Recording an increase of 3.1 percent, equivalent to $13.7 billion, over the level at the close of the last fiscal in March, India’s external debt in end-September stood at $455.9 billion, the finance ministry said in a statement here Wednesday.
“The rise in external debt during the period was due to long-term external debt particularly commercial borrowings and NRI deposits,” it said.
Long-term debt was $369.5 billion at end-September, showing an increase of 4.7 percent over the end-March 2014 level, while short-term debt declined by 3.2 percent to $86.4 billion.
Short-term debt made up 18.9 percent of the country’s total external debt at end-September, while the remaining was long-term debt.
The share of commercial borrowings stood highest at 35.4 percent of total external debt, followed by NRI deposits at 23.8 percent and multilateral debt at 11.7 percent.
Government external debt stood at $88.4 billion, (19.4 percent of total external debt) against $81.5 billion (18.4 percent) at end-March 2014.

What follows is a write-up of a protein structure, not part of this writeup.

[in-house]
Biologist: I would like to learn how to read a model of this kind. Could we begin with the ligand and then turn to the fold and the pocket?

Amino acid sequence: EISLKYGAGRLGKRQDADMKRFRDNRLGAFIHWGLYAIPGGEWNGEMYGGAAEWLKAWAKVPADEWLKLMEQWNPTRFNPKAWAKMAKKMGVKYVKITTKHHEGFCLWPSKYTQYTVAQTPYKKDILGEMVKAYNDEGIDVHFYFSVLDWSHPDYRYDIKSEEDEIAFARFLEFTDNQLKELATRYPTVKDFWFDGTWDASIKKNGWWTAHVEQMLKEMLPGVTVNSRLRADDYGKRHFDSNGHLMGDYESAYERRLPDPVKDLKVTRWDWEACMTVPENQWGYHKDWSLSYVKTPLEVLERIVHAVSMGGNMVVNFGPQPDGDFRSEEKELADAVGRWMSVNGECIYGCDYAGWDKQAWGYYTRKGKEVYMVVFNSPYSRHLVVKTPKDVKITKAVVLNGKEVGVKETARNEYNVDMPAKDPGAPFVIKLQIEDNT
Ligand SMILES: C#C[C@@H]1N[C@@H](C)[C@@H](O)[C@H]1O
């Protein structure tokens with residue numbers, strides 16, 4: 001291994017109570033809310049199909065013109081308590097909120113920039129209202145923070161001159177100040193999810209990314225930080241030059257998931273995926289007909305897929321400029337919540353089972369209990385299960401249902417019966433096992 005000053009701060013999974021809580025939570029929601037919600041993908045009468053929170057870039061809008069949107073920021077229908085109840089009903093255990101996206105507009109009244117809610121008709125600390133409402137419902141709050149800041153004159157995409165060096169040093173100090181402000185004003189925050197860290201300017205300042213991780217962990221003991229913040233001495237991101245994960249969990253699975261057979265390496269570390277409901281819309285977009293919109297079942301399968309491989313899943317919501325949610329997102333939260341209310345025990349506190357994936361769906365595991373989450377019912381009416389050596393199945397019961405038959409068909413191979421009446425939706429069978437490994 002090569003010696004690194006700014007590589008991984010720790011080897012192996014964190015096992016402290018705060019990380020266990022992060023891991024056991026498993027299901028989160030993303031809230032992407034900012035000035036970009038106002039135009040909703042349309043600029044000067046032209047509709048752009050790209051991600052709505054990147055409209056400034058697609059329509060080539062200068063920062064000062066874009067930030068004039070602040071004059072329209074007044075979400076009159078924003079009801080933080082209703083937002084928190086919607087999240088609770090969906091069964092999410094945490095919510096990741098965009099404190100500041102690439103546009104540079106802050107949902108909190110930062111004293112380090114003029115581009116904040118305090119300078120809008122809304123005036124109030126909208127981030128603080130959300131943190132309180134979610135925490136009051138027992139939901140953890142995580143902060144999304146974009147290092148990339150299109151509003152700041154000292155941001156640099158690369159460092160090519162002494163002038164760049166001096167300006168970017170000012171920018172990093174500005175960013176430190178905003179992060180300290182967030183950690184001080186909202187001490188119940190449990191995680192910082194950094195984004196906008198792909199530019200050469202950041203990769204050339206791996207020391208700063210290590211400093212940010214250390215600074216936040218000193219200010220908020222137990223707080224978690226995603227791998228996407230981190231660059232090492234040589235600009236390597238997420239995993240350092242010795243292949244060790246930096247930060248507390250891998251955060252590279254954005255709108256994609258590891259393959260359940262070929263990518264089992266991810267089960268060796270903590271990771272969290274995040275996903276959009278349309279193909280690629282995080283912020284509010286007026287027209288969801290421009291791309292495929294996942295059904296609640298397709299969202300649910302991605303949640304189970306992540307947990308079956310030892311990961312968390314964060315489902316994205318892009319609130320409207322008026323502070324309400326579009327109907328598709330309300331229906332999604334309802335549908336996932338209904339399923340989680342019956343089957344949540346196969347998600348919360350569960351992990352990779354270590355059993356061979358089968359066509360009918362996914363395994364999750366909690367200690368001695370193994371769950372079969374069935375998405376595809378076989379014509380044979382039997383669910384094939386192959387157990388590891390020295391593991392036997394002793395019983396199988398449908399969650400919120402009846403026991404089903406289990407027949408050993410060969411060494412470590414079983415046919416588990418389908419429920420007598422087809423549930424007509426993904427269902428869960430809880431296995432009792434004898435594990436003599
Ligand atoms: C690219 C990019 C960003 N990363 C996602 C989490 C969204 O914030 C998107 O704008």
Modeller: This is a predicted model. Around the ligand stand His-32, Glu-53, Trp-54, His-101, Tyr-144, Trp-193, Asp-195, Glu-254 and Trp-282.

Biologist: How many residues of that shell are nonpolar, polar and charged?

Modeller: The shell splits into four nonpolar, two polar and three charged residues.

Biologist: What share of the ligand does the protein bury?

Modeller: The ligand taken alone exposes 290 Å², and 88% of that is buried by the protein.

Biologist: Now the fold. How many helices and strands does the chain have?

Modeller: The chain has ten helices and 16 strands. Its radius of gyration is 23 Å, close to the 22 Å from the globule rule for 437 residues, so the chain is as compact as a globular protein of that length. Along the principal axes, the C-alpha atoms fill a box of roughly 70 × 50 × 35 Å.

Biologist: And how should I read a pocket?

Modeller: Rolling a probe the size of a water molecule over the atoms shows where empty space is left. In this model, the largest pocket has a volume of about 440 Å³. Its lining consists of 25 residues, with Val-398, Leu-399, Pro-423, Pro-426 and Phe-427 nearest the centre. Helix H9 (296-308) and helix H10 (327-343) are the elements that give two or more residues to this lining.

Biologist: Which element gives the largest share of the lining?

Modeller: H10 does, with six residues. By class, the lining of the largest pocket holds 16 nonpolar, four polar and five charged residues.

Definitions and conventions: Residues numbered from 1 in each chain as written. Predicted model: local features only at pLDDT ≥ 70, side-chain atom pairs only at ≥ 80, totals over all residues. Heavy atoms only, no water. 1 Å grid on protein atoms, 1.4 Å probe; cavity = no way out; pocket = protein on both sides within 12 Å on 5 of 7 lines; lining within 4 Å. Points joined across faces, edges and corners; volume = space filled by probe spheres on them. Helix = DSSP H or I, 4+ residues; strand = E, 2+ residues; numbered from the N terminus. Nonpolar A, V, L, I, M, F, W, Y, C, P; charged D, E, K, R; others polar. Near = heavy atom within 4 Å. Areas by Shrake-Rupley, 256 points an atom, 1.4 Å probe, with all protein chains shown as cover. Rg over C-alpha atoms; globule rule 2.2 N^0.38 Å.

The share of US dollar denominated debt remained the highest in external debt stock at 60.1 percent at end-September 2014, followed by the Indian rupee (24.2 percent), Special Drawing Rights (6.5 percent), Japanese yen (4.5 percent), and euro (3.0 percent).
The ratio of concessional debt to total external debt was 9.8 percent at end-September as compared to 10.5 percent at end-March.
India’s foreign exchange reserves provided a cover of 68.9 percent to the total external debt stock at end-September, against 68.8 percent at end-March.